One of the best displays is the fractal distribution of field size-rank in a log-log format. When the
distribution is natural as it is in a Petroleum System the fractal displays follow a curve (and not a
straight line (or power law) as claimed by Mandelbrot) (Laherrere 1996, 1999). This parabolic
fractal is found for urban agglomerations, earthquake (the Ritcher-Gutenberg, power law, is a rough
approximation), galaxies, species, . A fractal distribution corresponds to auto-similarity, quite
frequent in nature, but as auto-similarity is not perfect, the fractal is not linear, but curved.

23
Figure 17:

Niger delta: oilfield size fractal display


10000

1000

100
up to 1959
up to 1969
up to 1979
10 up to 1989
up to 2000

1
1 10 100 1000
rank

The parabolic fractal display of the Niger delta Petroleum System has just shifted in parallel from
1993 to 2000. Revisions and new discoveries do not change the distribution, it increases globally
the reserves.

24
Figure 18:

Niger delta: oilfield size fractal display from estimates


of different dates from 1993 to 2000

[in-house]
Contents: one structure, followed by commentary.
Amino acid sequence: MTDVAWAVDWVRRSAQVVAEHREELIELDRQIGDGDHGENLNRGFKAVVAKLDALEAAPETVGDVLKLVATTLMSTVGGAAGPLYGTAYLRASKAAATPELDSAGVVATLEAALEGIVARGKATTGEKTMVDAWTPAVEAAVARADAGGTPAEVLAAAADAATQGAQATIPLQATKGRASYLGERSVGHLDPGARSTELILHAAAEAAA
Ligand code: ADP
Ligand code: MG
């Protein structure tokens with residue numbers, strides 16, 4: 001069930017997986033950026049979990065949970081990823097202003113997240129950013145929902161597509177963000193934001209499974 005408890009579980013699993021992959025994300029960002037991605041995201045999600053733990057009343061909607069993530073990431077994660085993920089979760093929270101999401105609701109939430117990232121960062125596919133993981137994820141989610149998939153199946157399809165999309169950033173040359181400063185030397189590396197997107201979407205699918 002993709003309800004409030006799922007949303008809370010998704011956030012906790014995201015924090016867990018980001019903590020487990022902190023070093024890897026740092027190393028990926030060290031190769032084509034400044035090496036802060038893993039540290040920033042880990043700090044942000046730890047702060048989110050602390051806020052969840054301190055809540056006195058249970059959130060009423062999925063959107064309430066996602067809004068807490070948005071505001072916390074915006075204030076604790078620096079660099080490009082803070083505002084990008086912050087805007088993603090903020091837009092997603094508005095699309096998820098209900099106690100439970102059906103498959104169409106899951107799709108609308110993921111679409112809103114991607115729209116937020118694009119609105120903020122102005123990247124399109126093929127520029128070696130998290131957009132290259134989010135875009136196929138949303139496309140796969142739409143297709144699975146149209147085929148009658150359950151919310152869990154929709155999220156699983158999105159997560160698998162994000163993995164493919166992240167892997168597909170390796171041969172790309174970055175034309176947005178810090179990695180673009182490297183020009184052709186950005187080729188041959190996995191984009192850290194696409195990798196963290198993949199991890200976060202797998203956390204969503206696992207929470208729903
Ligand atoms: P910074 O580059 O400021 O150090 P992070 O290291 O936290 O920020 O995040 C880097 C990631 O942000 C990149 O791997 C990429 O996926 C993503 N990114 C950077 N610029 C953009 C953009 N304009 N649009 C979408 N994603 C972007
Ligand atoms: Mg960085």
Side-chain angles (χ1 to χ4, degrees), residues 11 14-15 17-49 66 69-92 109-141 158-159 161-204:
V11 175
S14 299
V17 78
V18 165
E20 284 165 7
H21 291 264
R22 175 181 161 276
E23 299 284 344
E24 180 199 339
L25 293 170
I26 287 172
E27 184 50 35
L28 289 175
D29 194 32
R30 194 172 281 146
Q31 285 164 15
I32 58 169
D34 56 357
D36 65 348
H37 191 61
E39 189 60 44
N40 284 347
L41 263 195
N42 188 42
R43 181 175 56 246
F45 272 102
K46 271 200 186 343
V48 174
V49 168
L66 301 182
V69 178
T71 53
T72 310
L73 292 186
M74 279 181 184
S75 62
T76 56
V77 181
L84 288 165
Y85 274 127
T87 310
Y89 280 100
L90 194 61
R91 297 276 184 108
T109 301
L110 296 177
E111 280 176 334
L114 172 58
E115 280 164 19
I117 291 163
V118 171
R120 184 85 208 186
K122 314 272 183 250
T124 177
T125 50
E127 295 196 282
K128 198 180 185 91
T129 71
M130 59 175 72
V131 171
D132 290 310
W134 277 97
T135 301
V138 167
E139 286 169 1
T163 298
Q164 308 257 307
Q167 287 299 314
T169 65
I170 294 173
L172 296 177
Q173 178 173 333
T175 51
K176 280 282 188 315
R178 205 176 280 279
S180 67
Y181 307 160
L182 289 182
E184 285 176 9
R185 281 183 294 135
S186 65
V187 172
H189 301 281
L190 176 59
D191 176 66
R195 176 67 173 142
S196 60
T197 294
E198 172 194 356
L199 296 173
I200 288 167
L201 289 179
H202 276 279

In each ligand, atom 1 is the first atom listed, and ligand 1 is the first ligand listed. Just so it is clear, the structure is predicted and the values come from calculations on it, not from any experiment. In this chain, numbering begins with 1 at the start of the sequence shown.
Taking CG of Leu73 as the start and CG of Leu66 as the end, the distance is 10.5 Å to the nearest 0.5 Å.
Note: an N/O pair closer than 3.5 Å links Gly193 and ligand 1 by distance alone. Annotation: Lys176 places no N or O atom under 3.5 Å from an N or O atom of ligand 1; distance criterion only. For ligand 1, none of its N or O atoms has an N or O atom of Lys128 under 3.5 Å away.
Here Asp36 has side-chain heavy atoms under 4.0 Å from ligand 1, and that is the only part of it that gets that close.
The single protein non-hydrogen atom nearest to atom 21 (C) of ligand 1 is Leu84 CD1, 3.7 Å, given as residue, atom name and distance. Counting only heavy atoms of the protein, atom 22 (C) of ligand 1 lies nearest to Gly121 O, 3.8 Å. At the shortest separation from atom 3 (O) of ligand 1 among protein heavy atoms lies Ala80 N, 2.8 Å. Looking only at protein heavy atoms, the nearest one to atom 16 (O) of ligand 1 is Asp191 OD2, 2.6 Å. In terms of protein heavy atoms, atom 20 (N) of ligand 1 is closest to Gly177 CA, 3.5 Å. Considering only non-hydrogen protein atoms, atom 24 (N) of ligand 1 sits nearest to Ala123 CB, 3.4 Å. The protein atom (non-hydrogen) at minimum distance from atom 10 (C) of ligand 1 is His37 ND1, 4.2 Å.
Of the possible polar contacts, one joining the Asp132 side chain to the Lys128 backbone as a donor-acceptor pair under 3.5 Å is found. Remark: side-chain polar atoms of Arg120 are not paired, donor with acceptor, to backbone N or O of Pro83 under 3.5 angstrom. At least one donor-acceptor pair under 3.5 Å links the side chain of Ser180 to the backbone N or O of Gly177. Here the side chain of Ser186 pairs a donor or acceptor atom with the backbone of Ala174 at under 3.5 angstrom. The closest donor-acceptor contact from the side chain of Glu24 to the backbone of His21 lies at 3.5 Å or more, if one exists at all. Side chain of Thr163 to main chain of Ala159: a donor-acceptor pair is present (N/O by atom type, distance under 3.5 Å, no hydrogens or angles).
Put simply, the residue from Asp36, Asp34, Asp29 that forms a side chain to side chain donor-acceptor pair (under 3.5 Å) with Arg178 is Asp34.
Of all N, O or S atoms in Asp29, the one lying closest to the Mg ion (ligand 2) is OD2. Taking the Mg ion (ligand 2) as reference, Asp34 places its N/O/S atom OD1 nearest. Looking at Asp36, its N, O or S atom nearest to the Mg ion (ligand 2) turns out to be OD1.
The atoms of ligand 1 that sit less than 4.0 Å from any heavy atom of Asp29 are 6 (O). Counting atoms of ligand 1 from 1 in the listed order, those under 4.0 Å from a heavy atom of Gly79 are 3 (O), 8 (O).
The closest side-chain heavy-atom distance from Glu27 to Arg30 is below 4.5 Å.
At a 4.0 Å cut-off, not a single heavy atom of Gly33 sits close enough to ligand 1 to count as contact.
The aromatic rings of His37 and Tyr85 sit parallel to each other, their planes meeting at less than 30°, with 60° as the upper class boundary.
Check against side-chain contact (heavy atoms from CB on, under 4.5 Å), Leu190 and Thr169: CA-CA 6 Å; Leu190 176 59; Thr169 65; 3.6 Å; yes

10000

1000

display 1993
100 display 1997
display 1998
display 2000

10
1 10 100 1000
rank

4 Examples of reserve & production data from countries


It is interesting to study few countries to see the problems and what to expect from these countries.
Examples of field oil decline (annual production versus cumulative production) are shown to see
the difference between scout value and decline estimate (the value of the estimate varies from
questionable to good with the quality of the slope).

4.1 North Sea: UK & Norway


The reported political values for the remaining reserves of UK and Norway are a mess as it can be
seen on the figure 19. The technical values show a similar value for both countries since the last 15
years, being 17 Gb (2P) in 2000 and it is not surprising that the production are now similar about 3
Mb/d when the value from OGJ and WO gives 5 Gb for UK (they take the low range) and 10 Gb for
Norway (there is only the mean value for developed fields).

25
Figure 19:

UK & Norway: oil reserves from different sources


30
Norway UK technical 2P
O&GJ
25

20

15

10

5
WO
0
1970 1975 1980 1985 1990 1995 2000
year

Looking at the status of the UK and Norway, the proven+probable values for oil +condensate and